The Third Circuit affirmed, holding that: (1) the ACA empowered HRSA to determine the “preventive care and screenings” that must be covered, not to exempt certain health plans from the coverage requirement; (2) RFRA did not require or permit the broad religious exemption; and (3) the procedure the administration used to issue the final regulations violated the APA’s notice and comment requirements.
In an opinion written by Justice Thomas, the Supreme Court reversed the Third Circuit. The Court held that the text of the ACA “gives HRSA broad discretion to define preventive care and screenings and to create the religious and moral exemptions.” The Court went on to say that any concerns regarding the impact of the regulations on women “are more properly directed” at Congress, as it was Congress (not the administration) that failed to ensure “protection for contraceptive coverage.”
Given its decision that the ACA allowed the 2018 regulations, the Court declined to reach the question of whether RFRA provided an independent basis for the religious exemption. However, the Court did say that it was proper for the Departments to consider RFRA. In fact, the Court indicated that if the administration had not considered RFRA during the rulemaking process, it “would certainly be susceptible to claims that the rules were arbitrary and capricious for failing to consider an important aspect of the problem.”
Finally, the Court held that the 2018 final rules were free of procedural defects. In short, the Court determined that the interim final rules functioned as a notice of proposed rulemaking and satisfied the APA notice requirements. And, even assuming that the administration erred in not issuing a document titled “notice of proposed rulemaking” before promulgating the final rules, that error was harmless.
Justice Alito, joined by Justice Gorsuch, concurred in the judgment, but would have reached the RFRA question. He would hold that RFRA “compels an exemption for the Little Sisters and any other employer with a similar objection” to the accommodation.
Justice Kagan, joined by Justice Breyer, wrote a separate concurrence. While she agreed that the ACA provision does authorize the 2018 regulations, she would have reached that result via a different route. She concluded that the ACA provision was ambiguous, and under Chevron U.S.A. Inc. v, Natural Resources Defense Council, Inc., she would have deferred to the Departments’ reasonable interpretation of the provision.
Importantly, Justice Kagan emphasized “that does not mean the Departments should prevail when these cases return to the lower courts.” In addition to arguing that the Departments lacked the authority to promulgate the regulations, the States claimed that the regulations are arbitrary and capricious under the APA, a claim Justice Kagan described as “now ready for resolution” in the lower courts. She went on to detail why the regulations do not appear to be the result of reasoned decision-making, highlighting the “mismatch between the scope of the religious exemption and the problem the agencies set out to address.”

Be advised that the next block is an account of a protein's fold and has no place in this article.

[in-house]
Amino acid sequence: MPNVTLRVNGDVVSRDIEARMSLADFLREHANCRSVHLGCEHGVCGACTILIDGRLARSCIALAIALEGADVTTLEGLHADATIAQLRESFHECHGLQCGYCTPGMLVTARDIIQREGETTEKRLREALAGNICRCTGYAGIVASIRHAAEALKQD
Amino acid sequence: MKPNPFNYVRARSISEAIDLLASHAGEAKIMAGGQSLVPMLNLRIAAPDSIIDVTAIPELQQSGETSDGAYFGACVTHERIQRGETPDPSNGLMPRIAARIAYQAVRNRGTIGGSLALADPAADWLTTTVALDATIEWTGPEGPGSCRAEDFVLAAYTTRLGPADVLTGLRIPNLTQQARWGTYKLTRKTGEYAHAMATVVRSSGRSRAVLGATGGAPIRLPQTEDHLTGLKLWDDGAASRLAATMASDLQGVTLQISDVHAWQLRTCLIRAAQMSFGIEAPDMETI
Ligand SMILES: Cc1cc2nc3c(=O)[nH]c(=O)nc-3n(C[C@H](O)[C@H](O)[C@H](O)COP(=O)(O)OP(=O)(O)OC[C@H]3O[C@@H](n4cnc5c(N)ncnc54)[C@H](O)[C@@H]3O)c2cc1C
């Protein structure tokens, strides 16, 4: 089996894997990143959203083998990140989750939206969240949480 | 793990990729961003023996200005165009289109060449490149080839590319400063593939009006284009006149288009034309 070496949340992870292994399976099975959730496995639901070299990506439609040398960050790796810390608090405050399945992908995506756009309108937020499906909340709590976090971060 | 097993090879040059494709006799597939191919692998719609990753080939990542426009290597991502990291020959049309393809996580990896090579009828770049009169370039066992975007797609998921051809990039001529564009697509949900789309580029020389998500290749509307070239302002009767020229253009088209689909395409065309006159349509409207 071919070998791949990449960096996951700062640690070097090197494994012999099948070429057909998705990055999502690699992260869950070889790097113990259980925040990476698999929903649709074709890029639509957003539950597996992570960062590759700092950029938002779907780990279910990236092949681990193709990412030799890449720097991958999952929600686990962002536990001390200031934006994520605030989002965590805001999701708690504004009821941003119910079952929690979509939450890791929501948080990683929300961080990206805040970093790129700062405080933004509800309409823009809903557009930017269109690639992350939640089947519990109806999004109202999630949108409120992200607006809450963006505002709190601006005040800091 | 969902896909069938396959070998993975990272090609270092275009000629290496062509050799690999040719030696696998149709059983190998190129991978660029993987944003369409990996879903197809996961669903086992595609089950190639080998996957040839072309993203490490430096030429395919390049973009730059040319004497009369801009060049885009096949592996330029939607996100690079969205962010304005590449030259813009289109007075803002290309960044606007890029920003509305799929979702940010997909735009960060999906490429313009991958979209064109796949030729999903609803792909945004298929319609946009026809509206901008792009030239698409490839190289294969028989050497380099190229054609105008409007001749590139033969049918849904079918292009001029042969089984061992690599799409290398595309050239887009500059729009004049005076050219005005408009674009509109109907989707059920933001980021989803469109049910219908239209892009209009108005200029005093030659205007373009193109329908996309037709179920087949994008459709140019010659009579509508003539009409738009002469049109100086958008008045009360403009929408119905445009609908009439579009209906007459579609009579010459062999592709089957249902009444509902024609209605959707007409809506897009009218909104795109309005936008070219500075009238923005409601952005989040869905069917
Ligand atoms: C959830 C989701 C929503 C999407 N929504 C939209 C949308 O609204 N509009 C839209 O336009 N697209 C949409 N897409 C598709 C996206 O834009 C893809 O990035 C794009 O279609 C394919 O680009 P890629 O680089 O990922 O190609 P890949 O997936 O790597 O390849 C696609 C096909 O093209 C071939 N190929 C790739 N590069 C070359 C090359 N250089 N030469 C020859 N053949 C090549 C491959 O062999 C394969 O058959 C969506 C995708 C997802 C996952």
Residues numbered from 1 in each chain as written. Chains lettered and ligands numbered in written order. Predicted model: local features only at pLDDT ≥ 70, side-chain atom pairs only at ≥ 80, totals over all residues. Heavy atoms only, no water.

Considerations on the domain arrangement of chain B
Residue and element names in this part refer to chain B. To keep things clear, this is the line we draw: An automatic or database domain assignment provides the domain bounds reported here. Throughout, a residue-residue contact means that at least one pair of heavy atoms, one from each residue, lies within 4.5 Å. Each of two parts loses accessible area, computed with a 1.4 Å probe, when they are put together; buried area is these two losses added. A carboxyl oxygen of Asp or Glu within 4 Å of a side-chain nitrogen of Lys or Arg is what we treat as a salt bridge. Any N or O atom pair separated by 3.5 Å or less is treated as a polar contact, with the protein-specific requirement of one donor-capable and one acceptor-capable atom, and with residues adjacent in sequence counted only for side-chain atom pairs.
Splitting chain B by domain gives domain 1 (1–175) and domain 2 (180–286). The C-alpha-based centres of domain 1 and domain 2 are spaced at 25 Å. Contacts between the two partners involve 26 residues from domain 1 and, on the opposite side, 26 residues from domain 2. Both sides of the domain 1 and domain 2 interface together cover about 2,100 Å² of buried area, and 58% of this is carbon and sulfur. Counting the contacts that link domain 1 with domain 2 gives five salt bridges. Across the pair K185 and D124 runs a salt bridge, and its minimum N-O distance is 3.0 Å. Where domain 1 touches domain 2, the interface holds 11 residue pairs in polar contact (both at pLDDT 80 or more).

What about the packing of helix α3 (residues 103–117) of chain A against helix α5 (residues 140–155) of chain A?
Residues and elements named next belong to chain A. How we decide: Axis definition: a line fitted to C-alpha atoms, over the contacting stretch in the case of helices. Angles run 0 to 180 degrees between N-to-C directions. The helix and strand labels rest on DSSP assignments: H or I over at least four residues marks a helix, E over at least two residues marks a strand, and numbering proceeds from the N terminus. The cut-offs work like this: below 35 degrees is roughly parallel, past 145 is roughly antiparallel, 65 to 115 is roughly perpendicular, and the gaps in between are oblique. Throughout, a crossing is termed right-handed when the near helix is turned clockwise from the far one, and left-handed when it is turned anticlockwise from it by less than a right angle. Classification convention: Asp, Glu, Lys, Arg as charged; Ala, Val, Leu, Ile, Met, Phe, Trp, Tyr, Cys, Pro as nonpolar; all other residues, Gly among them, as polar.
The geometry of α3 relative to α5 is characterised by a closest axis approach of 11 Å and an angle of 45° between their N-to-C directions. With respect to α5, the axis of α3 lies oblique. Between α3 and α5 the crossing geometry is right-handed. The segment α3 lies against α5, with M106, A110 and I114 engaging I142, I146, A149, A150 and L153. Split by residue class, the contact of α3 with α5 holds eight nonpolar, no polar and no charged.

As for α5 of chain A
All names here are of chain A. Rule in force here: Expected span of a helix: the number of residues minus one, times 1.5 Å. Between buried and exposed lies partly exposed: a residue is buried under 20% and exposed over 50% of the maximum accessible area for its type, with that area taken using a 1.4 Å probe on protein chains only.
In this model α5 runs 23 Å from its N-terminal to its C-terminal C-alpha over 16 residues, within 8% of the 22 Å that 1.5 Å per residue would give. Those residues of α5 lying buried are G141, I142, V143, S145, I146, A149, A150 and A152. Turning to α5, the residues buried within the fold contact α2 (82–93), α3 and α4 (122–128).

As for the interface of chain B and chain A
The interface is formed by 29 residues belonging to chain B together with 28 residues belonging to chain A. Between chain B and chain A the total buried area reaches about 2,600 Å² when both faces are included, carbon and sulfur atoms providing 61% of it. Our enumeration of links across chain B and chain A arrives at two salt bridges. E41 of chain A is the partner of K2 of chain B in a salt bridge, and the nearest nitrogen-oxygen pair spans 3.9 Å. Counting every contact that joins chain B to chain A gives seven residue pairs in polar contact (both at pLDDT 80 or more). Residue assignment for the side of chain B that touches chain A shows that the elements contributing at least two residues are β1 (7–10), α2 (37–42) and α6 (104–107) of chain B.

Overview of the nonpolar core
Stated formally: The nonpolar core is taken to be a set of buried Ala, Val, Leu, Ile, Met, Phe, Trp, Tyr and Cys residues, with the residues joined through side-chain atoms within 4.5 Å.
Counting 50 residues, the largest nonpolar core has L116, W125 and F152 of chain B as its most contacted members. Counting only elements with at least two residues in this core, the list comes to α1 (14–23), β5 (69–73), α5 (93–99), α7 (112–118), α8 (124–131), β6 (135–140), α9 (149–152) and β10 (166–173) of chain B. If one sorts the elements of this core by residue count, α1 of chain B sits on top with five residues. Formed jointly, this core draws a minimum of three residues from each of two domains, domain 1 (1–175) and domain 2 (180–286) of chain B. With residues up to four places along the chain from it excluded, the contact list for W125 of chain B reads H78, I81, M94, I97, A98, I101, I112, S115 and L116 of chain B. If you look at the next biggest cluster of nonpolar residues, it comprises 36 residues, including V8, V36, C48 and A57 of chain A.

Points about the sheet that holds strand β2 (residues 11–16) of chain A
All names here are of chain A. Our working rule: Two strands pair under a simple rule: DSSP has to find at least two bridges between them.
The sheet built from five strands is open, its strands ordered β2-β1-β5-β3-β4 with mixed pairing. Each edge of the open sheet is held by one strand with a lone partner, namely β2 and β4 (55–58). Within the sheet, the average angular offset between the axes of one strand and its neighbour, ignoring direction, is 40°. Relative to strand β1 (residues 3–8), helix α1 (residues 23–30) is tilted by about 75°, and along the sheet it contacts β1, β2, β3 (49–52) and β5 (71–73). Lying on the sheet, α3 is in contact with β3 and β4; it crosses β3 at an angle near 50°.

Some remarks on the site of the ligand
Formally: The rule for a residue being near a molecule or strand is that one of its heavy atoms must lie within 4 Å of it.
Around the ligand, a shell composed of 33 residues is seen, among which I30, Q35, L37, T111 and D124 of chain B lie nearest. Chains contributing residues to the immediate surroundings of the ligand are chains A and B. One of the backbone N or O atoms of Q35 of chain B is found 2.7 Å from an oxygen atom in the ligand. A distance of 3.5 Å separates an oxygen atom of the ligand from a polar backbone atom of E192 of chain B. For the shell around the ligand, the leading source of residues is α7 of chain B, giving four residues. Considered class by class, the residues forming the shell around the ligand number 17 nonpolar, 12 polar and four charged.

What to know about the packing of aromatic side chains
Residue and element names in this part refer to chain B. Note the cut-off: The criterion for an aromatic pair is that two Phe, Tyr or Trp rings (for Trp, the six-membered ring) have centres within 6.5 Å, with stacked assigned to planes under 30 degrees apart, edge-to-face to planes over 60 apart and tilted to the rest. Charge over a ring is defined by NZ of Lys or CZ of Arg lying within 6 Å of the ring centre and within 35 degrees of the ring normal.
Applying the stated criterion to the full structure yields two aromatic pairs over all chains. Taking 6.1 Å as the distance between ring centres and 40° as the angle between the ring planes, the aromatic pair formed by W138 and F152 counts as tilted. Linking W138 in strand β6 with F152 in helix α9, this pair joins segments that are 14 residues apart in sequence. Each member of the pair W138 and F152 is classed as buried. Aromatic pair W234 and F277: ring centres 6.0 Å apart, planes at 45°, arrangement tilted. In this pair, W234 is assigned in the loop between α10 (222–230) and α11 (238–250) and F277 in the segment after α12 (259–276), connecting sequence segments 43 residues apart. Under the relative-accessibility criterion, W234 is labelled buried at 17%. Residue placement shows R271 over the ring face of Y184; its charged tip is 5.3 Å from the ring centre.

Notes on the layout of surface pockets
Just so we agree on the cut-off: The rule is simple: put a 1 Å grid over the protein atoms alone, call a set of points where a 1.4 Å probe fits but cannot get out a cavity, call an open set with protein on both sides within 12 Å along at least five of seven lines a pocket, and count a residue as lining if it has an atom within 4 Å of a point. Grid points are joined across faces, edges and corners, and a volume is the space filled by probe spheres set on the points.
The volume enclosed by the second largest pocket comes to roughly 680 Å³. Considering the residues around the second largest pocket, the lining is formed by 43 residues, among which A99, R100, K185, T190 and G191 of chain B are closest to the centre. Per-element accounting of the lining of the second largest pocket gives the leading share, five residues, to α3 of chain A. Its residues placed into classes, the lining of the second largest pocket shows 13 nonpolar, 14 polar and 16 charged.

Finally, Justice Ginsburg, joined by Justice Sotomayor, filed a dissenting opinion in which she roundly criticized the Court for breaking with precedent and “cast[ing] totally aside countervailing rights and interests in its zeal to secure religious rights to the nth degree.” After outlining the “significant burdens” that the regulations would impose on women, she concluded that RFRA does not require or permit such a result.
She would also hold that the plain text of the ACA prohibits the Departments from adopting the religious and moral exemptions. In support of that interpretation, Justice Ginsburg pointed out that HRSA’s “expertise does not include any proficiency in delineating religious and moral exemptions,” making it highly unlikely that Congress would have delegated that task to the agency.
The legal battle to preserve the contraceptive coverage requirement – and prevent the religious and “moral” (whatever that means) beliefs of business executives from controlling women’s access to critical reproductive health care – will continue. Pennsylvania has already committed to pursuing its arbitrary and capricious claim in the lower courts. And a day after releasing Little Sisters, the Court granted certiorari in a similar case filed by California and 13 other states (DE, VA, MD, NY, IL, WA, MN, CT, DC, NC, VT, RI, HA), vacated the judgment of the Ninth Circuit in that case, and remanded for further consideration. Thankfully, the legal fight to protect women’s health, economic security, and reproductive autonomy is not over.